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Do people in Poland live "better" than here in the UK?


jon357 70 | 19,561
9 Apr 2014 #31
No - there's an amazing variety there. No deserts and not many palm trees, but truly amazing countryside and a thousand small islands round the coast.
Wroclaw Boy
10 Apr 2014 #32
Its all about the perspectives.

With regard to scenery I'll take the mountains of the Alps any day, but if you're a water person the UK coastal areas are fairly unique in their diversity. That said we have sea, mountains and sun within one vision if you look a little further South and still within Europe. Sardinia springs to mind.... Italy has a lot to offer for such a small country.
jon357 70 | 19,561
10 Apr 2014 #33
Really??? I would think that Spain, Italy, and France would be ahead of the UK for most...

You'd be surprised:

The U.K. landscape varies wildly, from the snow-swept peaks of Ben Nevis to the tropical looking, white sandy beaches of Cornwall. It wasn't for the weather, you'd probably never have to go abroad at all.

buzzfeed.com/hilarywardle/12-places-youd-never-believe-were-in-the-uk-aplm
haha
10 Apr 2014 #34
you could say this about most of countries with access to the sea.
jon357 70 | 19,561
10 Apr 2014 #35
I don't think so. Few are so varied, 'guest poster'.
Jardinero 1 | 405
10 Apr 2014 #36
The U.K. landscape varies wildly, from the snow-swept peaks of Ben Nevis to the tropical looking, white sandy beaches of Cornwall. It wasn't for the weather, you'd probably never have to go abroad at all.

I fully agree that there is a lot of variety in the UK which many probably do not appreciate (with Cornwall/Devon and the Scottish Isles being my favourite), but to say that there's more than say in Spain, Italy, or France would be a a bit optimistic for most. Although, if you happen to be British, then it's perfectly understandable... ;-)
jon357 70 | 19,561
10 Apr 2014 #37
It's amazing what's there really. The three tourist boards don't promote a lot of it. That does mean that so much is unspoilt, but also that foreigners never hear about the best bits.
peterweg 37 | 2,319
10 Apr 2014 #38
but to say that there's more than say in Spain,

Mostly boring desert.

France and Italy are much more beautiful, but really comparing countries is impossible but the UK certainly has its fair share of beautiful landscape, outside of the southeast where most immigrants live...
Jardinero 1 | 405
11 Apr 2014 #39
Jardinero:
but to say that there's more than say in Spain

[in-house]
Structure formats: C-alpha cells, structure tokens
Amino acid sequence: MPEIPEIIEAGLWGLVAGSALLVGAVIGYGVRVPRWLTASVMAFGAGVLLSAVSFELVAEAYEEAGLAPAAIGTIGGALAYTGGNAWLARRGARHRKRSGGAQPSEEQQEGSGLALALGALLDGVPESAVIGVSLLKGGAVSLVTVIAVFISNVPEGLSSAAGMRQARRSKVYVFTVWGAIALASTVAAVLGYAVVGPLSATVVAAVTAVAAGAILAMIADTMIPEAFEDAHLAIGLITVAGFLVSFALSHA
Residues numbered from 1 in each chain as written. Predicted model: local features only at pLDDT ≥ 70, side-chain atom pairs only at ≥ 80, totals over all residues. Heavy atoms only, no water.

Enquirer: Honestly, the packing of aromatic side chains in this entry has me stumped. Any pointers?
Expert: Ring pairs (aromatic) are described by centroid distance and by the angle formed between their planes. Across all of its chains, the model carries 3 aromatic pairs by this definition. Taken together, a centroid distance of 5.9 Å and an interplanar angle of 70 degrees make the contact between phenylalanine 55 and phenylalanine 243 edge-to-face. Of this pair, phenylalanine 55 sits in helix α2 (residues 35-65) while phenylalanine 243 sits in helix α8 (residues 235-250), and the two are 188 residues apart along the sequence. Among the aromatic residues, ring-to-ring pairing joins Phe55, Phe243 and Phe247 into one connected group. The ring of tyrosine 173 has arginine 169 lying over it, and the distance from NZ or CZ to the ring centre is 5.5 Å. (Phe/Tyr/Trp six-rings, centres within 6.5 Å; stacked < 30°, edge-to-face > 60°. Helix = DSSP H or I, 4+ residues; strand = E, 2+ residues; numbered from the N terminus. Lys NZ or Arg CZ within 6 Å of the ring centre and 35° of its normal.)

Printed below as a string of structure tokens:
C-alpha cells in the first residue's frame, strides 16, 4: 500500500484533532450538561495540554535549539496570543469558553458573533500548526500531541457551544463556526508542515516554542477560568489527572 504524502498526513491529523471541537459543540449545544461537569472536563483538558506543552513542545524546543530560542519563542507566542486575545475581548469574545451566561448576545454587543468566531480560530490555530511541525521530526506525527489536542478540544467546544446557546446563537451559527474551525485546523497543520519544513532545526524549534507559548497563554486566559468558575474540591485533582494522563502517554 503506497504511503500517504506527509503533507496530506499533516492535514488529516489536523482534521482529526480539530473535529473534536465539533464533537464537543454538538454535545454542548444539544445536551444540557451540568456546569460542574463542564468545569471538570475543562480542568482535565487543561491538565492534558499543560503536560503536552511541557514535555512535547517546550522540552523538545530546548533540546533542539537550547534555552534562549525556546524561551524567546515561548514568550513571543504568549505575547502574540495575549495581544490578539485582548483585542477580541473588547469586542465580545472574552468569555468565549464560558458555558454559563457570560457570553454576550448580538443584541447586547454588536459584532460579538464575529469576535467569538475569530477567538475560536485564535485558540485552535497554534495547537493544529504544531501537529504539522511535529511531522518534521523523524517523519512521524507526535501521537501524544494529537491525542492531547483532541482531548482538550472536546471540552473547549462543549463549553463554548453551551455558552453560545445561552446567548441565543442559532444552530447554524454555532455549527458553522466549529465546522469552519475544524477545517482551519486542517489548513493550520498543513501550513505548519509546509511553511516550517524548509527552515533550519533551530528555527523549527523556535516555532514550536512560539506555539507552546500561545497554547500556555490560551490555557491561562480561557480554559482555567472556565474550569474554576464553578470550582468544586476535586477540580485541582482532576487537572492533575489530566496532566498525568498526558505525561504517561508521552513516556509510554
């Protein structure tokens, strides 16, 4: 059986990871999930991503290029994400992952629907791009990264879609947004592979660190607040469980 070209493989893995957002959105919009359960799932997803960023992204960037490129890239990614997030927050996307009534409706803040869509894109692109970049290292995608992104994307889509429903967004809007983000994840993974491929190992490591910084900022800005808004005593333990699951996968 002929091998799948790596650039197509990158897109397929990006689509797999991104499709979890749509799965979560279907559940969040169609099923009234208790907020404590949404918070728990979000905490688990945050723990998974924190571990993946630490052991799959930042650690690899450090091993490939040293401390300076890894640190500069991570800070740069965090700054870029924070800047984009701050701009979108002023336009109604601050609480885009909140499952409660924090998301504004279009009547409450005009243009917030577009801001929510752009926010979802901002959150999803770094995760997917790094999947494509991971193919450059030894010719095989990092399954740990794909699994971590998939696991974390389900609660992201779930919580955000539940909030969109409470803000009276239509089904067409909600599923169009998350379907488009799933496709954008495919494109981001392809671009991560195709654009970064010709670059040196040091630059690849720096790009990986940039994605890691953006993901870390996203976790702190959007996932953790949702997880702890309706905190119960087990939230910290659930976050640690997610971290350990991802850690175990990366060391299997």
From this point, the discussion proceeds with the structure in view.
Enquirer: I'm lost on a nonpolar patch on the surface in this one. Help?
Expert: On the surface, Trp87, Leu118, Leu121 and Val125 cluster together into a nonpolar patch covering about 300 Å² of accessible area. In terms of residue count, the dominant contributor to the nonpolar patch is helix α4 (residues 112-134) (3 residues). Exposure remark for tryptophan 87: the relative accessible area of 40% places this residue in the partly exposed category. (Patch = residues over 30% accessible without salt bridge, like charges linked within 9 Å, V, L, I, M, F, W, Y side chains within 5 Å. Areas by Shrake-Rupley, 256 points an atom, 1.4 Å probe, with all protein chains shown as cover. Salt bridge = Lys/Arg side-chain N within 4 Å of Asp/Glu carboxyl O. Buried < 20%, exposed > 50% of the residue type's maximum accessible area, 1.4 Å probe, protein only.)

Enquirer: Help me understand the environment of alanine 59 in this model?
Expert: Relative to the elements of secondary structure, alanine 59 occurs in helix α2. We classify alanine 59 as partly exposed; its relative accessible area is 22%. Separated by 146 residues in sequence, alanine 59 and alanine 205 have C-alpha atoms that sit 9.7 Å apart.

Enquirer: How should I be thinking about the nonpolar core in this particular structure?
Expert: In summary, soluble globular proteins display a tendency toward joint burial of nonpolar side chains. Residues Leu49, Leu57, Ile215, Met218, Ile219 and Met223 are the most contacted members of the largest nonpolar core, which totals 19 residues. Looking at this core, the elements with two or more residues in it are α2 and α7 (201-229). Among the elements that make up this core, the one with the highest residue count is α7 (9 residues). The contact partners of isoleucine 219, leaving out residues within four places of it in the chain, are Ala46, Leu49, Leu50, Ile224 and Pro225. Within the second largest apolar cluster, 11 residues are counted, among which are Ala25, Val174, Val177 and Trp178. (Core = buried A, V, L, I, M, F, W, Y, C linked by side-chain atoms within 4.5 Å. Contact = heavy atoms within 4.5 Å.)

Mostly boring desert.

I beg to differ. If you only took Catalonia - you've got snowy mountains, beautiful beaches, sun and Mediterranean warmth... very tough to beat indeed.
jon357 70 | 19,561
11 Apr 2014 #40
We have all those except the Mediterranean warmth (though the palm-treed south coast does well in summer and Catalonia is cold in winter). There's also wild moorland, fens and broads, wolds, rolling hills and beautiful valleys (The Winster Valley, Elan Valley and Swaledale come to mind) beautiful forests, rugged Snowdonia, the North West Highlands (the least densely populated region in Europe), the historical industrial landscapes of the lower Pennines, the thousand islands that ring the coast, the Cotswolds etc, etc, etc.
Jardinero 1 | 405
11 Apr 2014 #41
except the Mediterranean warmth

Agreed - although that one exception makes a HUGE difference, does is not?
One thing which I really do enjoy in PL are proper forests (and lakes) scattered all over the country hence easily accessible from any major city, which is not the case in the UK. Also looking just at forests as % of land area, PL, I, ES, G, and F have all got around 30% v UK's 10%.
jon357 70 | 19,561
11 Apr 2014 #42
The UK has forests too - even quite large ones. But in terms of sheer variety of scenery types (which is what we're talking about) the UK beats the places you mention hands down.
Magdalena 3 | 1,837
11 Apr 2014 #43
The UK has forests too - even quite large ones.

English forest:

Epping Forest

Polish forest:

Bory Tucholskie

I know it's basically a question of different ecosystems and what you're used to, but I find English forests kinda bland and pretty much devoid of wildlife. The pollarded beeches looks freaky as heck, which is a bonus, on the other hand, there is almost no undergrowth in beech forests, which makes for a sterile looking environment, OK for the first couple of walks, but boring if you keep coming back. I haven't had the opportunity to see any other type of forest in England. I doubt there are any truly "wild" or primeval forest environments left, as AFAIK trees have been pollarded and harvested for wood since at least the early Middle Ages all over Britain.
jon357 70 | 19,561
11 Apr 2014 #44
but I find English forests kinda bland and pretty much devoid of wildlife.